After a deadly plague kills most of the world's population, the remaining survivors split into two groups - one led by a benevolent elder and the other by a maleficent being - to face each other in a final battle between good and evil.
The successful writer Benjamin "Ben" Mears returns to his hometown Salem's Lot, Maine, expecting to write a new novel about the Marsten House. Ben believes that the manor is an evil house that attracts evil men since the place has many tragic stories and Ben saw a ghostly creature inside the house when he was ten. Ben finds that the Marsten House has just been rented to the antique dealers Richard K. Straker and his partner Kurt Barlow that is permanently traveling. Ben meets the divorced teacher Susan Norton that is living with her parents and they have a love affair. Ben also gets close to her father Dr. Bill Norton and his former school teacher Jason Burke. When people start to die anemic, Ben believes that Straker's partner is a vampire. But how to convince his friends that he is not crazy and that is the truth?Written by
Claudio Carvalho, Rio de Janeiro, Brazil
In an interview with Fangoria magazine Reggie Nalder (Barlow) said he was somewhat disappointed by the film because some additional scenes that included his vampire were cut. See more »
When Mark goes to the Marsten house to kill Barlow, he pulls out two lock picks from a small case in order to break in. Then he clearly inserts the handle of one pick into the padlock, rather than the toothed end. See more »
[reading from Ben Mear's typewritten page]
The house was a monument to evil sitting there all these years holding the essence of evil in its smoldering bones.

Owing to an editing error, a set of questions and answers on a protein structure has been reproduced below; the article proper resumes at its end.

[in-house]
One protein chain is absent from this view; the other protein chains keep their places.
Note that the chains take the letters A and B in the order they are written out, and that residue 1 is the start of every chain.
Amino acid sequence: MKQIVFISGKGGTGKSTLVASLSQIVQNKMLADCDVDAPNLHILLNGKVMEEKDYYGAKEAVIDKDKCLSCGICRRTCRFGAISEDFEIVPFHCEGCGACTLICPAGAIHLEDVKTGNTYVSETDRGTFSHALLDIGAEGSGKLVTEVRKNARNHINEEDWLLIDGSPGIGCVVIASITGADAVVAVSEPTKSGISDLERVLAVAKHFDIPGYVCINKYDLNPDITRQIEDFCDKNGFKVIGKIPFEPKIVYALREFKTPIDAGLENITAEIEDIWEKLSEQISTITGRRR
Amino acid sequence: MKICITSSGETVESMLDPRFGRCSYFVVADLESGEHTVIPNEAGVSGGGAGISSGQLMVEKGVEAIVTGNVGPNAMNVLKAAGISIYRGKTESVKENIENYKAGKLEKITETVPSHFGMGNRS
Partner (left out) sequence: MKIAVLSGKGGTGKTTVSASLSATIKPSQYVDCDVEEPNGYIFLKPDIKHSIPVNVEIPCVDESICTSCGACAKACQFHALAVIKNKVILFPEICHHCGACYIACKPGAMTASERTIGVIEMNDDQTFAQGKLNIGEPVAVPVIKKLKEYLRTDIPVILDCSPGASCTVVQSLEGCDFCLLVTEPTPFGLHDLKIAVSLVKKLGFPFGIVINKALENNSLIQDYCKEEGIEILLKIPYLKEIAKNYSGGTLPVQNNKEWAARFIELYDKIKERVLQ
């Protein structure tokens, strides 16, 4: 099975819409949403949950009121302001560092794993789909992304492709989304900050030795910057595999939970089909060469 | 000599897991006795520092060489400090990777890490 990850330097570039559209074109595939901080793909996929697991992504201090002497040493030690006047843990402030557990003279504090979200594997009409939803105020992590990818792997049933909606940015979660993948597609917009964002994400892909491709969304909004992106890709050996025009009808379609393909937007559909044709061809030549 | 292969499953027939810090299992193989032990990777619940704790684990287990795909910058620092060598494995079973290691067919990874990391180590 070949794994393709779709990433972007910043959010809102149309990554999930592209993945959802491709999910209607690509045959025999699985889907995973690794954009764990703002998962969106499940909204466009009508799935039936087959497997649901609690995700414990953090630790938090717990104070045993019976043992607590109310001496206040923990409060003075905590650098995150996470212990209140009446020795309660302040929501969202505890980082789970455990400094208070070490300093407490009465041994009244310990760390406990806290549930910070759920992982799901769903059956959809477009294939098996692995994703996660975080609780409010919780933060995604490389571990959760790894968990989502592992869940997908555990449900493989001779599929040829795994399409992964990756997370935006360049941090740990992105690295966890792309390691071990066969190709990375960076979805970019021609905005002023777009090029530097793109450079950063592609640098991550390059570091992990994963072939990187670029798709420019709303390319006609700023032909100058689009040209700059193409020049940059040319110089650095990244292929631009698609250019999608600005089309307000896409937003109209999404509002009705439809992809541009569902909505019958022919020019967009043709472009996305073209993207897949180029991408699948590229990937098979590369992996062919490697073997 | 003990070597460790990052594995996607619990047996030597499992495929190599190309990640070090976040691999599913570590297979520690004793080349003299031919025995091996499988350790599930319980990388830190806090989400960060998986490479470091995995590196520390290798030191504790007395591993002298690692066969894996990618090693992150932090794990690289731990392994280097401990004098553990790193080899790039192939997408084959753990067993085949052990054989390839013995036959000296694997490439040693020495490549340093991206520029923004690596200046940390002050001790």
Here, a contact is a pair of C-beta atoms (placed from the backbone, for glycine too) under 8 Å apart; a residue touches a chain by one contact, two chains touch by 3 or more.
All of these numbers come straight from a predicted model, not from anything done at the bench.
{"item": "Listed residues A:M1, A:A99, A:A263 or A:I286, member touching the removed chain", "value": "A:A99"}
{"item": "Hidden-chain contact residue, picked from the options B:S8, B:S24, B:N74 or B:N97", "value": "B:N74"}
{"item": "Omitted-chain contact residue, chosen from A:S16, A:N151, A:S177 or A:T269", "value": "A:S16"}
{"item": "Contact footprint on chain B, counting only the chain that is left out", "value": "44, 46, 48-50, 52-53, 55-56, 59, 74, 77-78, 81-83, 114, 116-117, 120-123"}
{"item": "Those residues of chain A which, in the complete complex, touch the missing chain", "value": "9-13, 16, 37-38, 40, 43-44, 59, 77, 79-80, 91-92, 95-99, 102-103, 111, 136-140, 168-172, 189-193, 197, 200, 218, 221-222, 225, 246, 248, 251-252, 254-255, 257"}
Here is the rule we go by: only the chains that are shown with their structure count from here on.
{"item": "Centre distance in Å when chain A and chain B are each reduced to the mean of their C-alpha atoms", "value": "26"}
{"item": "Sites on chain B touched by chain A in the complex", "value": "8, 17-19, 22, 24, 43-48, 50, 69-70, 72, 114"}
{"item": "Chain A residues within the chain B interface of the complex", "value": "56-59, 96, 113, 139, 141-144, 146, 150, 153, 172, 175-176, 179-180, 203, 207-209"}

See more »
The text of the opening credits appear and dissolve piece by piece into each other in a jigsaw puzzle fashion. See more »
Even with great actors starring in the re-make of Salem's Lot I was very hesitant that it would be able to even touch the original. As I guessed after watching the new re-make (which was OK and filled in some gaps to an already 3 hour original), it still couldn't hold a candle to the original.
The original captures a time when there was no internet, no cell phones. It was an eerie town, a spooky house and a time that if such an evil could infest a town, it probably would spread fast as in this film.
As naive as I am after all these years, I was actually doing searches for Salem's Lot in Maine and was surprised to know that no such place actually exist. It was just a hypothetical place created by Stephen King. However, the location was in Ferndale California where the infamous "Marsten House" still stands on a road where no other houses are and has "No Trespassing" signs everywhere. Doesn't look quite the same from what I'm told and Hollywood dressed up the outside just for the film.
Classic film, one of my brothers still refuses to watch this movie because of the memories of it scaring the hell out of him. I can't even tell you how many times I have seen it. The original actors were absolutely fantastic, David Soul, James Mason and the whole crew.
I still see the best acting in the world when Ben Mears (David Soul) is telling the story in the bar to his old school teacher (that inspired him to be a writer) about entering the house as a kid on a dare. David Soul shines on this role as if he was meant to do this part.
The same can be said about James Mason. He played the part as he was born just to do this movie.
Great movie, a classic, but why in the world does the DVD not have special features like "interviews"? I would love to see pics of the "Marsten House" today..
You take a 5-Star Horror movie and have no special features. That was my only disappointment..
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